The CERG did what scientists do: they built and tested models. They identified and used variables from the research between exercise outcomes and individual variables and connected them mathematically and then tested the results against some standard.
The CERG identified the following variables: educational attainment, ethnicity, gender, age, height, weight, maximum heart rate, frequency, length and intensity of exercise, resting pulse and waistline size.
The CERG fitness algorithm was rigorously tested by measuring its predictive validity by using a data set representing the 75,032 individuals who had participated in the 1983-84 HUNT study and whose health outcomes were followed for 24 years. The individuals in the study were drawn from the "total adult population age 20 and up" from the Nord-Trøndelag County of central Norway. When they enrolled in the study, all participants had been examined by a nurse and measured for height, weight, blood pressure, and resting heart rate, as completing a questionnaire about leisure time, physical activity, smoking habits, alcohol consumption, marital status, family history of disease and educational level.
From the records, the researchers identified 37,112 participants who could be judged to have been healthy at the beginning of the study (18,764 women and 18,348 men) to include in the analysis. For each of these participants, a fitness score based on VO2 max using the CERG algorithm using the variables: age, body mass index or waist measure, physical activity, and resting heart rate.
The researchers used the Norwegian National Cause of Death Register and the 11-digit person identification number to identify mortality among the study participants and whether the cause of death was coronary vascular disease or from all other causes.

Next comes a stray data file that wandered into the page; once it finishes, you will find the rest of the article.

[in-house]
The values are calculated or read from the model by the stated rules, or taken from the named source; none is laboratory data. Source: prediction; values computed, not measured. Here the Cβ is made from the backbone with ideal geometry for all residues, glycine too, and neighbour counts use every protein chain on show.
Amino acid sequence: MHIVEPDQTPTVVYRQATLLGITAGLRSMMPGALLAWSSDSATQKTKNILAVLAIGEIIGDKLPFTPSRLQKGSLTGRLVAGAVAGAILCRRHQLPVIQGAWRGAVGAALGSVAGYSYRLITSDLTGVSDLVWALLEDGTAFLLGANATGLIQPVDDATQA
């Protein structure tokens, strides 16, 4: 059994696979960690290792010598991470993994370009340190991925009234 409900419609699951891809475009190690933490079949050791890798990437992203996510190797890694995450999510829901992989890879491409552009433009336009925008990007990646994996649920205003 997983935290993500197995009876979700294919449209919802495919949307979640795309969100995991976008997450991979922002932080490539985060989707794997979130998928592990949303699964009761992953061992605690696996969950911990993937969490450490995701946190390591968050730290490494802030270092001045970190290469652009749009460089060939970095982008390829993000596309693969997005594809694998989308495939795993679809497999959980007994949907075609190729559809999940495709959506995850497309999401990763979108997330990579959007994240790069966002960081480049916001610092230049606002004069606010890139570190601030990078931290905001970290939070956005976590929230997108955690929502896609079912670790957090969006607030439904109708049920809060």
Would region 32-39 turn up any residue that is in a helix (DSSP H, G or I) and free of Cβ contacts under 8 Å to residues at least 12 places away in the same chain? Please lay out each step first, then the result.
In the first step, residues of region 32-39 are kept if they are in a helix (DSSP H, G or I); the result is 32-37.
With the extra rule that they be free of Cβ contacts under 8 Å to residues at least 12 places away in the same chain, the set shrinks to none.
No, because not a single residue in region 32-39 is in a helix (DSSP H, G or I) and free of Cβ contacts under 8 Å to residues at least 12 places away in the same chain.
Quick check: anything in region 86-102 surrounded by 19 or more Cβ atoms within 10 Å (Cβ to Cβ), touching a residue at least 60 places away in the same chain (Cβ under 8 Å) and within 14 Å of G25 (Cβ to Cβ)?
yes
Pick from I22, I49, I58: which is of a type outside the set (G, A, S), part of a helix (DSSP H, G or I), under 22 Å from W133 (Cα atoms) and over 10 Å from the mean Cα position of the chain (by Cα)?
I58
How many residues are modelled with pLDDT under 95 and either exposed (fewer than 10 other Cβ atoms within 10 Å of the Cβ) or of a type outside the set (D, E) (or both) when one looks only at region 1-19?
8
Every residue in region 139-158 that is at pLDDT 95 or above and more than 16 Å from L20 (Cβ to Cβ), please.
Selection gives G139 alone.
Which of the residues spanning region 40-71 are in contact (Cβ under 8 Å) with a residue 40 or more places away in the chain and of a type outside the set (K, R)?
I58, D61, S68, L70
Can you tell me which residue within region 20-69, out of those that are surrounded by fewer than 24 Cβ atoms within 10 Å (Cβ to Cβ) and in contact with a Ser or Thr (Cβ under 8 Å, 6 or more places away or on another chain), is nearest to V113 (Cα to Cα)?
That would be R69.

The algorithm performed its task. The estimated CRF for the 37,112 participants using the non-exercise CERG algorithm could accurately identify apparently healthy individuals who were at increased risk of prematurely dying of CVD and all-cause mortality. (Nes et al., 2014)
The CERG Fitness Calculator is freely available and has been used by more than 6,000,000 people around the world. The Fitness Calculator provides the user with a fitness age; his/her estimated VO2 normed by age compared to his/her chronological age. It does not diagnose a disease. Instead it provides a benchmark that can be used as an incentive to change because "fitness age can be altered," accordign to Ulrik Wisløf, the Director of CERG, "His advice if your fitness age exceeds your chronological years or is not as low as you would like? 'Just exercise.'" (Reynolds, 2014)
Nes, B. M., Vatten, L. J., Nauman, J., Janszky, I., & Wisløf, U. (2014). A Simple Nonexercise Model of Cardiorespiratory Fitnes Predicts Long-Term Mortality. Medicine & Science in Sports & Exercise, 46(6), 1159-1165.
Reynolds, G. (2014). What’s Your Fitness Age? New York Times.
Ross, R., Blair, S. N., Arena, R., & Church, T. S. (2016). Importance of Assessing Cardiorespiratory Fitness in Clinical Practice: A Case for Fitness and a Clinical Vital Sign: A Scientific Statement from the American Heart Association. Circulation, 2016(134), e653-e699. doi:https://doi.org/10.1161/CIR.0000000000000461
Page 2. Oxygen Consumption Relative to Exercise Intensity. Robert M. Pepper, DO, FAAFP, Associate Professor of Clinical Sciences, West Virginia School of Osteopathic Medicine.
Page 2 VO2 MAX What It Is and how can knowing it make you a better runner.
Dr. John Holton
Dr. John Holton joined the S²TEM Centers SC in July of 2013, as a research associate with an emphasis on the STEM literature including state and local STEM plans from around the nation.